A better PostgreSQL CLI experience with few psqlrc tweaks

From psql man page:

psql attempts to read and execute commands from the system-wide startup file (psqlrc) and then the user's personal startup file (~/.psqlrc), after connecting to the database but before accepting normal commands. These files can be used to set up the client and/or the server to taste, typically with \set and SET commands.

Like with any dotfiles we can utilize psqlrc to customize psql behavior, look and feel. First, let’s create psqlrc. We have three options:

Create system-wide psqlrc

It should be located inside PostgreSQL’s system configuration directory, which could be found using pg_config tool:

$ pg_config --sysconfdir
/etc/postgresql-common

Location may vary depending on your PostgreSQL installation. I’m running it at Ubuntu 14.04 and configuration files are located at /etc/postgresql-common.

User’s personal psqlrc

Just create it in your home directory:

$ touch ~/.psqlrc

Version-specific psqlrc

Man pages are cool:

Both the system-wide startup file and the user's personal startup file can be made psql-version-specific by appending a dash and the PostgreSQL major or minor release number to the file name, for example ~/.psqlrc-9.2 or ~/.psqlrc-9.2.5. The most specific version-matching file will be read in preference to a non-version-specific file.

Depending on specific needs and preferences, choose location for psqlrc that suits your needs most. Let’s move forward for the actual configuration.

Actual configuration

Here is my psqlrc with comments for the settings:

\set QUIET 1

-- Errors are ignored in interactive sessions,
-- and not when reading script files.
\set ON_ERROR_ROLLBACK interactive

-- To have all queries display query times.
\timing

-- Verbose error reports.
\set VERBOSITY verbose

-- Use table format (with headers across the top) by default,
-- but switch to expanded table format when there's a lot of data,
-- which makes it much easier to read.
\x auto

-- Use a separate history file per-database.
\set HISTFILE ~/.psql_history- :DBNAME

-- If a command is run more than once in a row,
-- only store it once in the history.
\set HISTCONTROL ignoredups

-- By default, NULL displays as an empty space. Is it actually an empty
-- string, or is it null? This makes that distinction visible.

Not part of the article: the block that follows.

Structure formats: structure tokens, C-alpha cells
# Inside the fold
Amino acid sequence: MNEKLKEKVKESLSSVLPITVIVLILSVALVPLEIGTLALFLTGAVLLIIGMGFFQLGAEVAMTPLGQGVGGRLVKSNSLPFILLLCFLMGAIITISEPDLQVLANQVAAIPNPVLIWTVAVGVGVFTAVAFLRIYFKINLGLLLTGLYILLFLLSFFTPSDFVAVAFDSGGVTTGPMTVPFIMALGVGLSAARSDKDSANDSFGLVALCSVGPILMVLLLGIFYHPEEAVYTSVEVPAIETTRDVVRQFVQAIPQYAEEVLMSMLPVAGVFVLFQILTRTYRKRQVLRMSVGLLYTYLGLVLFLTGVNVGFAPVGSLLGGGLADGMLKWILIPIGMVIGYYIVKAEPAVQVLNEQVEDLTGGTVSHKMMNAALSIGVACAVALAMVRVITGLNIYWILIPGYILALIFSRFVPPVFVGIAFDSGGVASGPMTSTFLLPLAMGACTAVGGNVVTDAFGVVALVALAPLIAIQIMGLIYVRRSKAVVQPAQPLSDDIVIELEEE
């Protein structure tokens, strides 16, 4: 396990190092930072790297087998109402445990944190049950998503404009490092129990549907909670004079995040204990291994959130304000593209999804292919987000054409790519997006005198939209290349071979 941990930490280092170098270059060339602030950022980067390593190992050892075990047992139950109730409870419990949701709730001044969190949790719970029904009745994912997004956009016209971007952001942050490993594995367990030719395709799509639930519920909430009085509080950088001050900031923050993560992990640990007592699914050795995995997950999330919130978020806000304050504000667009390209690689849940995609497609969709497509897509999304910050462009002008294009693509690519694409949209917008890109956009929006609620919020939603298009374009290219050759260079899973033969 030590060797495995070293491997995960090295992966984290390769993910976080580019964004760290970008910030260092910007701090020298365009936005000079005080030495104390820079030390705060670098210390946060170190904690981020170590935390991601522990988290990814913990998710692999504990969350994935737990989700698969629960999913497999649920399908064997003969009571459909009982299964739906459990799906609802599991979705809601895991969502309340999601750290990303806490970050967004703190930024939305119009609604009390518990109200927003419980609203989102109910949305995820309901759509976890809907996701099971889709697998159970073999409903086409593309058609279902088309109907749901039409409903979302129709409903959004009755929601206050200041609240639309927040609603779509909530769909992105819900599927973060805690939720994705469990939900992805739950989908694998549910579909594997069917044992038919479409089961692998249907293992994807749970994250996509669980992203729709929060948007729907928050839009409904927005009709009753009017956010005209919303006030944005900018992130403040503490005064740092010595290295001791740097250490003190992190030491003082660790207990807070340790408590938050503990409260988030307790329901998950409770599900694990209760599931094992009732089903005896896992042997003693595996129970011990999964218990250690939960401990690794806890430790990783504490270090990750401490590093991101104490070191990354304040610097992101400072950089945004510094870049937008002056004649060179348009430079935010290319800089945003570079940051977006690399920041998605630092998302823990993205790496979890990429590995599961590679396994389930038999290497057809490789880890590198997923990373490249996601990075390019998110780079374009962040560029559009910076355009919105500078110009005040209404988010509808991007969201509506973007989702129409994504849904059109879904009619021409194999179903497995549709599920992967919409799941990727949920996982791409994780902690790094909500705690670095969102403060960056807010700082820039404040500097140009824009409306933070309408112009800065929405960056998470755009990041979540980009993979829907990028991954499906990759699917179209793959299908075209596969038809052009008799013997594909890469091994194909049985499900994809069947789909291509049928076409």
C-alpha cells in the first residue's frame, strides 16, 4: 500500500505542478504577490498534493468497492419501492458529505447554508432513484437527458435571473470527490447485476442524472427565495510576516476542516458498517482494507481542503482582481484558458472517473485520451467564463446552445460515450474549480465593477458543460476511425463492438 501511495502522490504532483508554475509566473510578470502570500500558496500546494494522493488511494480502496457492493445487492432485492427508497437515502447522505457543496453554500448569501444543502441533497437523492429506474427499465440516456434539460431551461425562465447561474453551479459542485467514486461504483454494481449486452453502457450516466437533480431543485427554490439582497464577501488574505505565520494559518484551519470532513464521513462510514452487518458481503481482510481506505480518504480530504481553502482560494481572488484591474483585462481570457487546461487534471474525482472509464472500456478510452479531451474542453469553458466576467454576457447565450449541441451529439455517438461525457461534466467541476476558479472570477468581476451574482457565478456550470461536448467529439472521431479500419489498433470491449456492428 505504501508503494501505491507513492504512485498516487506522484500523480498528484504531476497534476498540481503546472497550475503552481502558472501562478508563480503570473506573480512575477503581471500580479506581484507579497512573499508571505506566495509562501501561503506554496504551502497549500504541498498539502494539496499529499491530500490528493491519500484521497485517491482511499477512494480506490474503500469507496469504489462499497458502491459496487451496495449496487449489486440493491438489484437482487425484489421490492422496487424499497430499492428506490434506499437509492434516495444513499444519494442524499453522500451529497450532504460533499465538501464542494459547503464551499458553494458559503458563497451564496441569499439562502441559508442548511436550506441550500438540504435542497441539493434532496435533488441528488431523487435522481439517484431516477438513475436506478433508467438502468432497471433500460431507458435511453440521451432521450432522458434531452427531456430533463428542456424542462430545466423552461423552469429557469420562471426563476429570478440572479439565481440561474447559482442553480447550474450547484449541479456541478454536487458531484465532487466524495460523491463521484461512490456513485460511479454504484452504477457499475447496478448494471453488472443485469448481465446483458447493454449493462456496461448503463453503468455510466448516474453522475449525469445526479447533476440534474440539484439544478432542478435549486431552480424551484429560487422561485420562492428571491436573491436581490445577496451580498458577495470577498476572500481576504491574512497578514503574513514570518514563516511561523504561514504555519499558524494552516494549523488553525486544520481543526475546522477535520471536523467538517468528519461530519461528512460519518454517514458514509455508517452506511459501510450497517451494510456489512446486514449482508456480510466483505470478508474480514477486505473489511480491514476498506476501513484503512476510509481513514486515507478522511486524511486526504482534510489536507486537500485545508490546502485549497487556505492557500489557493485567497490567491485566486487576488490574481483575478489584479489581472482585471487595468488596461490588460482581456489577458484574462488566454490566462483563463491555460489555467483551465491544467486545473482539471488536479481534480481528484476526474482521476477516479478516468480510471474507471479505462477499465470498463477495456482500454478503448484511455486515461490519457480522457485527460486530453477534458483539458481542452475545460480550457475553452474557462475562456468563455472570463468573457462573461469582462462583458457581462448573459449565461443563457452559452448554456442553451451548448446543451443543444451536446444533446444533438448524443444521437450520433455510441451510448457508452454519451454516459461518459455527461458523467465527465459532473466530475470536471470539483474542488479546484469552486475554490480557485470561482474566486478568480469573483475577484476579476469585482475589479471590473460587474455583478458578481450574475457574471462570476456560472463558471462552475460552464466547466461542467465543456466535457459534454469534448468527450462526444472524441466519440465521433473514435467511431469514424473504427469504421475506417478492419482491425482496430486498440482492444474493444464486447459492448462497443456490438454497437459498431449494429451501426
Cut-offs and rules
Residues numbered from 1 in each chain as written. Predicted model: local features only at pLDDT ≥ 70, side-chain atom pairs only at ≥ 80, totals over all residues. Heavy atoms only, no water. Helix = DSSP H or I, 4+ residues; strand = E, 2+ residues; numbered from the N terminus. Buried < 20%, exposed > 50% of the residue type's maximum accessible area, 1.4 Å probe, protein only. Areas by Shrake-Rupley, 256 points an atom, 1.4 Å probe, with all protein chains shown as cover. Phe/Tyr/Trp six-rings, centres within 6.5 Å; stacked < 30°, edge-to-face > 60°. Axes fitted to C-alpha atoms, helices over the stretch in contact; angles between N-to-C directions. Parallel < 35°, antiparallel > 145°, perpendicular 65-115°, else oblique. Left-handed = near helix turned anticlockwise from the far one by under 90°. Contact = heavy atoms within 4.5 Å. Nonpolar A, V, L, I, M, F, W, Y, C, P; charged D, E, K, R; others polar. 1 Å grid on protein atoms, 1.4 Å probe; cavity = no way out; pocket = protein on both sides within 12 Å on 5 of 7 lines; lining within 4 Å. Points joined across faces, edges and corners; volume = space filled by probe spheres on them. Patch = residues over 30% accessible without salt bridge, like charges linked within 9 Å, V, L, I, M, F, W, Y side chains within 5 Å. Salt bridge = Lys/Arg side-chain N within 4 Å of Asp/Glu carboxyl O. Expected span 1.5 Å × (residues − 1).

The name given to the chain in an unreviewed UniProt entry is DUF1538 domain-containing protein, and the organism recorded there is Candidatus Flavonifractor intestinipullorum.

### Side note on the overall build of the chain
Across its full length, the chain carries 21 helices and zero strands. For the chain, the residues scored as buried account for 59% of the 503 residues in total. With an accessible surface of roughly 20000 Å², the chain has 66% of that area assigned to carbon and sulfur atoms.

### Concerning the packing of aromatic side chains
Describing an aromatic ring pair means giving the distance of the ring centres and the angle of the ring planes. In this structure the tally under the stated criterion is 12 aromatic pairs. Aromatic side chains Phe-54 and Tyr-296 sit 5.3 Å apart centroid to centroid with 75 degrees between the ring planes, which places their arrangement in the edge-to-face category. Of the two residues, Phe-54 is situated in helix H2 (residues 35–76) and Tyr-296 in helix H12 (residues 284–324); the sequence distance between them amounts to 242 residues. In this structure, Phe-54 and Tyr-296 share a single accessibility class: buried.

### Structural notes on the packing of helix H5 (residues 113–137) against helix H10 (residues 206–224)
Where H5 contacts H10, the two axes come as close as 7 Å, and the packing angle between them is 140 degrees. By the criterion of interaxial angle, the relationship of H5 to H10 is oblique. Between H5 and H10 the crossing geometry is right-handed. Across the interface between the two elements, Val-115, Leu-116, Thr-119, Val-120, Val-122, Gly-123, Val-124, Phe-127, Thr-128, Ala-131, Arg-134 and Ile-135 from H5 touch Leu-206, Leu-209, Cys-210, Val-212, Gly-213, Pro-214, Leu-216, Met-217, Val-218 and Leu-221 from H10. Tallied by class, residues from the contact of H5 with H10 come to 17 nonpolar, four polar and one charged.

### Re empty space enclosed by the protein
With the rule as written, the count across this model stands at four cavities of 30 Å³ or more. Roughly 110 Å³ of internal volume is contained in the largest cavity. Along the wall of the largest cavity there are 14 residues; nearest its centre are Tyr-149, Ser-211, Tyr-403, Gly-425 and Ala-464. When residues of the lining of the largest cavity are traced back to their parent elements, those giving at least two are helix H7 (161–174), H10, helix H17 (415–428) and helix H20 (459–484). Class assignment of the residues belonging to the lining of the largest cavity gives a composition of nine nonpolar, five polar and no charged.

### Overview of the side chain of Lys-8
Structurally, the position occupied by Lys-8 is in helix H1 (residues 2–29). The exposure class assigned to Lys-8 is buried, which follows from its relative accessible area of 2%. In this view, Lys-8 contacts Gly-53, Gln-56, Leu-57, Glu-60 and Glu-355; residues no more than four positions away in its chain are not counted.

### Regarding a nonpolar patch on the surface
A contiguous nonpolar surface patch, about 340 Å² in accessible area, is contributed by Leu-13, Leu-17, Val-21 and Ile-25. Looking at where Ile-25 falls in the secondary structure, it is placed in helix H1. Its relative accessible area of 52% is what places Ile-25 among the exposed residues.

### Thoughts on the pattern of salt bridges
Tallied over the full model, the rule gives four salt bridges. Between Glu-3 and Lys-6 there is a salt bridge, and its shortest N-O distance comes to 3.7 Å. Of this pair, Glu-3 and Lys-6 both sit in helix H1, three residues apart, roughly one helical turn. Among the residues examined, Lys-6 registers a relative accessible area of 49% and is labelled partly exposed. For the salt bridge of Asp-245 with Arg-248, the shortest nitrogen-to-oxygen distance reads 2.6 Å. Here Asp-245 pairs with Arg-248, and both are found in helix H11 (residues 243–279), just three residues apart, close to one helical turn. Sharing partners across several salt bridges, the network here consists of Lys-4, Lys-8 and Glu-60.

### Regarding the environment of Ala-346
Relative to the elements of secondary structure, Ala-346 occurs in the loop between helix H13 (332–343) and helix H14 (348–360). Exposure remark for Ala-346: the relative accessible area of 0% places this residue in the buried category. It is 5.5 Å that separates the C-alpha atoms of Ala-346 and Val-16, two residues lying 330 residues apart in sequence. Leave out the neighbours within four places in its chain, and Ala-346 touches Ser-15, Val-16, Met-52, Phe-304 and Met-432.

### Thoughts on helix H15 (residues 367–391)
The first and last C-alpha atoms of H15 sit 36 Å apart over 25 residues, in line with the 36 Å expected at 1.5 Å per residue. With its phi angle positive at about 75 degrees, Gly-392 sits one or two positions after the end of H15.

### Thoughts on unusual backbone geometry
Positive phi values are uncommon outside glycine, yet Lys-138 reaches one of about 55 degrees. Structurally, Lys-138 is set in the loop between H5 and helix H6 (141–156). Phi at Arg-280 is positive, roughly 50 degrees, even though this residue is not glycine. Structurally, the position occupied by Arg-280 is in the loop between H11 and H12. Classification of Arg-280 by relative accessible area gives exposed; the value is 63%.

\pset null '(null)'

\unset QUIET

Let’s take a look at some of the options in more details.

QUIET flag

At startup psql executes commands from psqlrc, which creates unnecessary output. In order to hide it, we set QUIET flag at the top of psqlrc and unset it at the bottom of the file.

ON_ERROR_ROLLBACK

Allows statements in a transaction to error without affecting the entire transaction. Valid values are on, interactive or off.

From the manual:

When set to on, if a statement in a transaction block generates an error, the error is ignored and the transaction continues.

When set to interactive, such errors are only ignored in interactive sessions, and not when reading script files.

When unset or set to off, a statement in a transaction block that generates an error aborts the entire transaction.

The error rollback mode works by issuing an implicit SAVEPOINT for you, just before each command that is in a transaction block, and then rolling back to the savepoint if the command fails.

I’m using the interactive mode because this gives a chance to fix things while in interactive session without starting over.

\timing

Conveniently shows how long each SQL statement takes, in milliseconds:

test=> SELECT * FROM weather
       WHERE prpc IS NOT NULL;
     city      | temp_lo | temp_hi | prpc |    date
---------------+---------+---------+------+------------
 San Francisco |      46 |      50 | 0.25 | 1994-11-27
 San Francisco |      41 |      55 |    0 | 1994-11-29
(2 rows)

Time: 0.652 ms

Wrapping Up

Given psqlrc contains some basic tweaks for improving psql experience. A lot more could be found at the manpage or in the official PostgreSQL documentation. Use it to adapt your settings for specific needs or workflows.


Previous post: Simplifying and extending Jekyll CLI capabilities using Jtasks